On Brooklyn's waterfront, Red Hook learns to cope without power
By Atossa Araxia Abrahamian
BROOKLYN, New York (Reuters) - At the 99 Cent Dreams store in Red Hook, a working-class neighborhood on New York Harbor, Ramon Rodriguez spent part of his Sunday hunting for fresh supplies as the disruptions from superstorm Sandy continued for a second week.
The 70-year-old is one of hundreds in the neighborhood's public housing apartments without heat and power after Sandy's floodwaters swamped the area.
"I feel like I've spent my whole Social Security check on batteries and candles," Rodriguez said. "The power's been out all week."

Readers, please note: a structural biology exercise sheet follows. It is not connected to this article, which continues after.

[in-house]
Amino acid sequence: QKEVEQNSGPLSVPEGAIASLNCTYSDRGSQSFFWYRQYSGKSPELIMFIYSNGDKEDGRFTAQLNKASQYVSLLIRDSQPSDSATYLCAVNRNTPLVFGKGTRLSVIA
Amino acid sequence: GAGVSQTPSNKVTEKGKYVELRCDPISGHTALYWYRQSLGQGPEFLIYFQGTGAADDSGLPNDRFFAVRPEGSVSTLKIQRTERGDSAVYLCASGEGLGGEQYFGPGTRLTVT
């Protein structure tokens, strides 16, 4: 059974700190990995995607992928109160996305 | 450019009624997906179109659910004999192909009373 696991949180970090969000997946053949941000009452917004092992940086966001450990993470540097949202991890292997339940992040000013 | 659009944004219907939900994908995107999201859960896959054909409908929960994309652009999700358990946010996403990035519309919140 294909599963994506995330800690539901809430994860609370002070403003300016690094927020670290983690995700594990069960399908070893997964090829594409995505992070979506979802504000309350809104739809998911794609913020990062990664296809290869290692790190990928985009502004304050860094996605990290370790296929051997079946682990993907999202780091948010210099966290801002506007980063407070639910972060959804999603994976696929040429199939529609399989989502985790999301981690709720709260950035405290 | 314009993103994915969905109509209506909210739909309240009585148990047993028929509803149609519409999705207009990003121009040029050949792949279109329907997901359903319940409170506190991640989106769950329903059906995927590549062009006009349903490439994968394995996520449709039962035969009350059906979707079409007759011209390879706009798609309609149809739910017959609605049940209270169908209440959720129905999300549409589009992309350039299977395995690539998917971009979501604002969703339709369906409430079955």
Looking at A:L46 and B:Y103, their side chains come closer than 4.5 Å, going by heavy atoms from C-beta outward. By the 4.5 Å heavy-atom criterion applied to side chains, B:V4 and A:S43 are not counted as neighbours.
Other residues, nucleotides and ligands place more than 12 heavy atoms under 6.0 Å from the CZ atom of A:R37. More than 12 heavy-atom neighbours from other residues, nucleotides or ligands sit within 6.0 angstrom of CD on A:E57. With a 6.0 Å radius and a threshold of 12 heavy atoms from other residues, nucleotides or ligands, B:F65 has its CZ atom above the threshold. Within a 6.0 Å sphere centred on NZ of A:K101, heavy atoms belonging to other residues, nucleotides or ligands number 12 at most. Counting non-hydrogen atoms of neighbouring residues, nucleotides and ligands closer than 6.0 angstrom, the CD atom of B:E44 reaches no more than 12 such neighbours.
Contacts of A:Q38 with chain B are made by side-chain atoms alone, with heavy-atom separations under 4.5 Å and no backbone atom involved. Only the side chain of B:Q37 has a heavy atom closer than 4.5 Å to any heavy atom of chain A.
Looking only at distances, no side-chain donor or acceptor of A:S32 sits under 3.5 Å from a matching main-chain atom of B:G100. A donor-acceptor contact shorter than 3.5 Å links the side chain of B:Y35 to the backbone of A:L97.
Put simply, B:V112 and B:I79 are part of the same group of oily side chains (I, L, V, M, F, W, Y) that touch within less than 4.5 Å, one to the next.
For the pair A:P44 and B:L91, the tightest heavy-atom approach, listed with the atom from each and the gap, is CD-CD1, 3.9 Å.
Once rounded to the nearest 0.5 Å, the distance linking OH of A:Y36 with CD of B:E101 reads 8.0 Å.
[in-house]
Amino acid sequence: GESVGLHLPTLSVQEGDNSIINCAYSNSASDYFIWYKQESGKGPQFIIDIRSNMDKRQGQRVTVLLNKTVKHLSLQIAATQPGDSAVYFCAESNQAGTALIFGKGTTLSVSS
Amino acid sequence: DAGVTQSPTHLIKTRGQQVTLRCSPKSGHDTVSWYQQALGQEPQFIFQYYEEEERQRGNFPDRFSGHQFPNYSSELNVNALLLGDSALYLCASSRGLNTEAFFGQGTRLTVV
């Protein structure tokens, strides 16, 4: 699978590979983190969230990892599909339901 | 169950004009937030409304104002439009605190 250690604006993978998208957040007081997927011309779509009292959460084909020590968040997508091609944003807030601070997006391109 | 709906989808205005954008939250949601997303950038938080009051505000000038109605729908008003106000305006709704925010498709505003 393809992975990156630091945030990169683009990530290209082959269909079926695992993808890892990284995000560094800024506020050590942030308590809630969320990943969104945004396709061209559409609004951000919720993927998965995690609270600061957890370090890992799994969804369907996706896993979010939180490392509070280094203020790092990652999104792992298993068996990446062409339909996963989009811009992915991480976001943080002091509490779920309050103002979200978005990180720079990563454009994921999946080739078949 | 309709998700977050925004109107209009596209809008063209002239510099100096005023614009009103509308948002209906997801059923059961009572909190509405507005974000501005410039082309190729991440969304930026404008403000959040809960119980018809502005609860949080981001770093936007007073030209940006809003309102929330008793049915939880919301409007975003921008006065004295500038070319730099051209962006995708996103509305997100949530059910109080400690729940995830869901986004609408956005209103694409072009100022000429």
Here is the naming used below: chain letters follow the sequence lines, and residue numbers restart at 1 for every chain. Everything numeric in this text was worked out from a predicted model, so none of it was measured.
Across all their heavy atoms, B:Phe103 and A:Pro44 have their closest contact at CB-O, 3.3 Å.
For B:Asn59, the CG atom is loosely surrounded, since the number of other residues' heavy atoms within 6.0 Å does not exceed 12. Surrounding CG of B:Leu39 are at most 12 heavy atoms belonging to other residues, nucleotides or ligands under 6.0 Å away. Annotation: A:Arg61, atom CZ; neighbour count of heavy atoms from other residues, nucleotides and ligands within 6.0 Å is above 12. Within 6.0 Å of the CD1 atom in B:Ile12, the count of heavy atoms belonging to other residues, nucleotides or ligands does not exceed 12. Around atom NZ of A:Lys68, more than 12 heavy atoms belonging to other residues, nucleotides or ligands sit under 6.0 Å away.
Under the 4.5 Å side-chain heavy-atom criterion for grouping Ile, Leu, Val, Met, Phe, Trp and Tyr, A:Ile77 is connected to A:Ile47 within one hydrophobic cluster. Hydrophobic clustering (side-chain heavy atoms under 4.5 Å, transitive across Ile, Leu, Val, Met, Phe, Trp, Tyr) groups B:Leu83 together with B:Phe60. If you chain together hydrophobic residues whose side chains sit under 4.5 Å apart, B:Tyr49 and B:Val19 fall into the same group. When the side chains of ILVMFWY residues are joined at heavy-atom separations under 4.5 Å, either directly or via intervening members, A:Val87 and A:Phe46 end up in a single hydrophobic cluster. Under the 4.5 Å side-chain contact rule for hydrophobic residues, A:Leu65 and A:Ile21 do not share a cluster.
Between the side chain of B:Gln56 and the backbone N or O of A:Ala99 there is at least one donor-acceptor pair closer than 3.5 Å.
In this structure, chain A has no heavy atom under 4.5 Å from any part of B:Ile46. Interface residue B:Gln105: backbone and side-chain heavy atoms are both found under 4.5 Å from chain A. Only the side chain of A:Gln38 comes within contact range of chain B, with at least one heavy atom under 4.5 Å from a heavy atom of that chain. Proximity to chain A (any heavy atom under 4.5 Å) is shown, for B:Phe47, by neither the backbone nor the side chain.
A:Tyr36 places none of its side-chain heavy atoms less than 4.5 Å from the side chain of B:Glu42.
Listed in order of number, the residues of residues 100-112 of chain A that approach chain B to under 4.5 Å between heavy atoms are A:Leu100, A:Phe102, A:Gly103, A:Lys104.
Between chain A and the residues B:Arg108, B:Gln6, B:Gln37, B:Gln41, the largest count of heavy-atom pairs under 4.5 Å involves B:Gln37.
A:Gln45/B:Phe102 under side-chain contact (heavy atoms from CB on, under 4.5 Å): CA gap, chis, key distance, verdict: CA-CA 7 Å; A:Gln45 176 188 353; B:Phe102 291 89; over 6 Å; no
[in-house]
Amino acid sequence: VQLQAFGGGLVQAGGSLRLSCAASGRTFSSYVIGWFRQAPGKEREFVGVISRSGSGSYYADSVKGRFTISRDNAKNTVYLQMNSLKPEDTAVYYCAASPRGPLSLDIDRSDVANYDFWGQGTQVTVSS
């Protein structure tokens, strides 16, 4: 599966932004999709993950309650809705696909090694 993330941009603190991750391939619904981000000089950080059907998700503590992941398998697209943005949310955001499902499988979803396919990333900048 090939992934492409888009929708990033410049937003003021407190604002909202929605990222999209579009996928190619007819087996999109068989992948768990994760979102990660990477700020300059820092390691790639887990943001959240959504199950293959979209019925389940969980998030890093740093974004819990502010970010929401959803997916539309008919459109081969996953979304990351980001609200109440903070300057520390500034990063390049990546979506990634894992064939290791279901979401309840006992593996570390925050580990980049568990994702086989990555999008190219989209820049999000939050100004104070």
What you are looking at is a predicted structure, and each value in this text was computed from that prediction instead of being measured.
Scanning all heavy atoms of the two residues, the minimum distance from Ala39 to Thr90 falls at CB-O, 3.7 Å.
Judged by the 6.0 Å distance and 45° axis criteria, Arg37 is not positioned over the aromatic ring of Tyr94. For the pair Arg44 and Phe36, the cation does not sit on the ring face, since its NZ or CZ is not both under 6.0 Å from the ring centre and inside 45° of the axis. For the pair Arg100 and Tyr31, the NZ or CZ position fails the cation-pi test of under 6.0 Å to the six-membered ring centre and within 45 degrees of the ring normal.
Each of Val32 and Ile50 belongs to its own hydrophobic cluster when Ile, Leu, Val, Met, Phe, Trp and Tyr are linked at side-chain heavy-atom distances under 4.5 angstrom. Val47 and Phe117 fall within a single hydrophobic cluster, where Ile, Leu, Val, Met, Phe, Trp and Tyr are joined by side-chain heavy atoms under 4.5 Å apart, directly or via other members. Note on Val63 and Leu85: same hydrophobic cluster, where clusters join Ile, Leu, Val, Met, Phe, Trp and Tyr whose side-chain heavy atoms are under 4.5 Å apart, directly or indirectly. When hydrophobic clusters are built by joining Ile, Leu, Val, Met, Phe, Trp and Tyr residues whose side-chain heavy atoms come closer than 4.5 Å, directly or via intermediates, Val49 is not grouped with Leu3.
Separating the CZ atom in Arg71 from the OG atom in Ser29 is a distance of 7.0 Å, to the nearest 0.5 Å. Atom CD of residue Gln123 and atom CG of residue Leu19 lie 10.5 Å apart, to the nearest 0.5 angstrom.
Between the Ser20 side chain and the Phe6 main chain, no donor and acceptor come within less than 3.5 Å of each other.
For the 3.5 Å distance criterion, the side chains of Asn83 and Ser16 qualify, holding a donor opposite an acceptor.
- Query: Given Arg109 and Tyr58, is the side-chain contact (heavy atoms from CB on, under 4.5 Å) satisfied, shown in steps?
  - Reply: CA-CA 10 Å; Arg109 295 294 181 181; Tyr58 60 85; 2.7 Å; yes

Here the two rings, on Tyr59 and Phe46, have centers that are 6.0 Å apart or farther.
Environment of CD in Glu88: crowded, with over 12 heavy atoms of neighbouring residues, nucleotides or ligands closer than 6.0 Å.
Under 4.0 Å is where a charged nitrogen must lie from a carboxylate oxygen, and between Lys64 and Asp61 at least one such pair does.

After Rodriguez paid for supplies, he set out to find ice to keep his freezer cold, but most of the shops nearby were closed.
"The ones that are open are running on generators," Rodriguez said. "At least it's cold enough to leave food outside the windowsill."
Rodriguez lives in a low-rise, public housing building that has been without power since early last week. So far, he has praise for the Federal Emergency Management Agency, the U.S. government agency that helps storm victims.
"When this is all over, I'm gonna write them a letter saying how great they've been," Rodriguez said. "They gave us fruit, canned food, water."
Out of habit, he punched in a security code at the entrance of his building, only to remember that the intercom was powered by electricity. He pushed the unlocked door and walked in. Continued...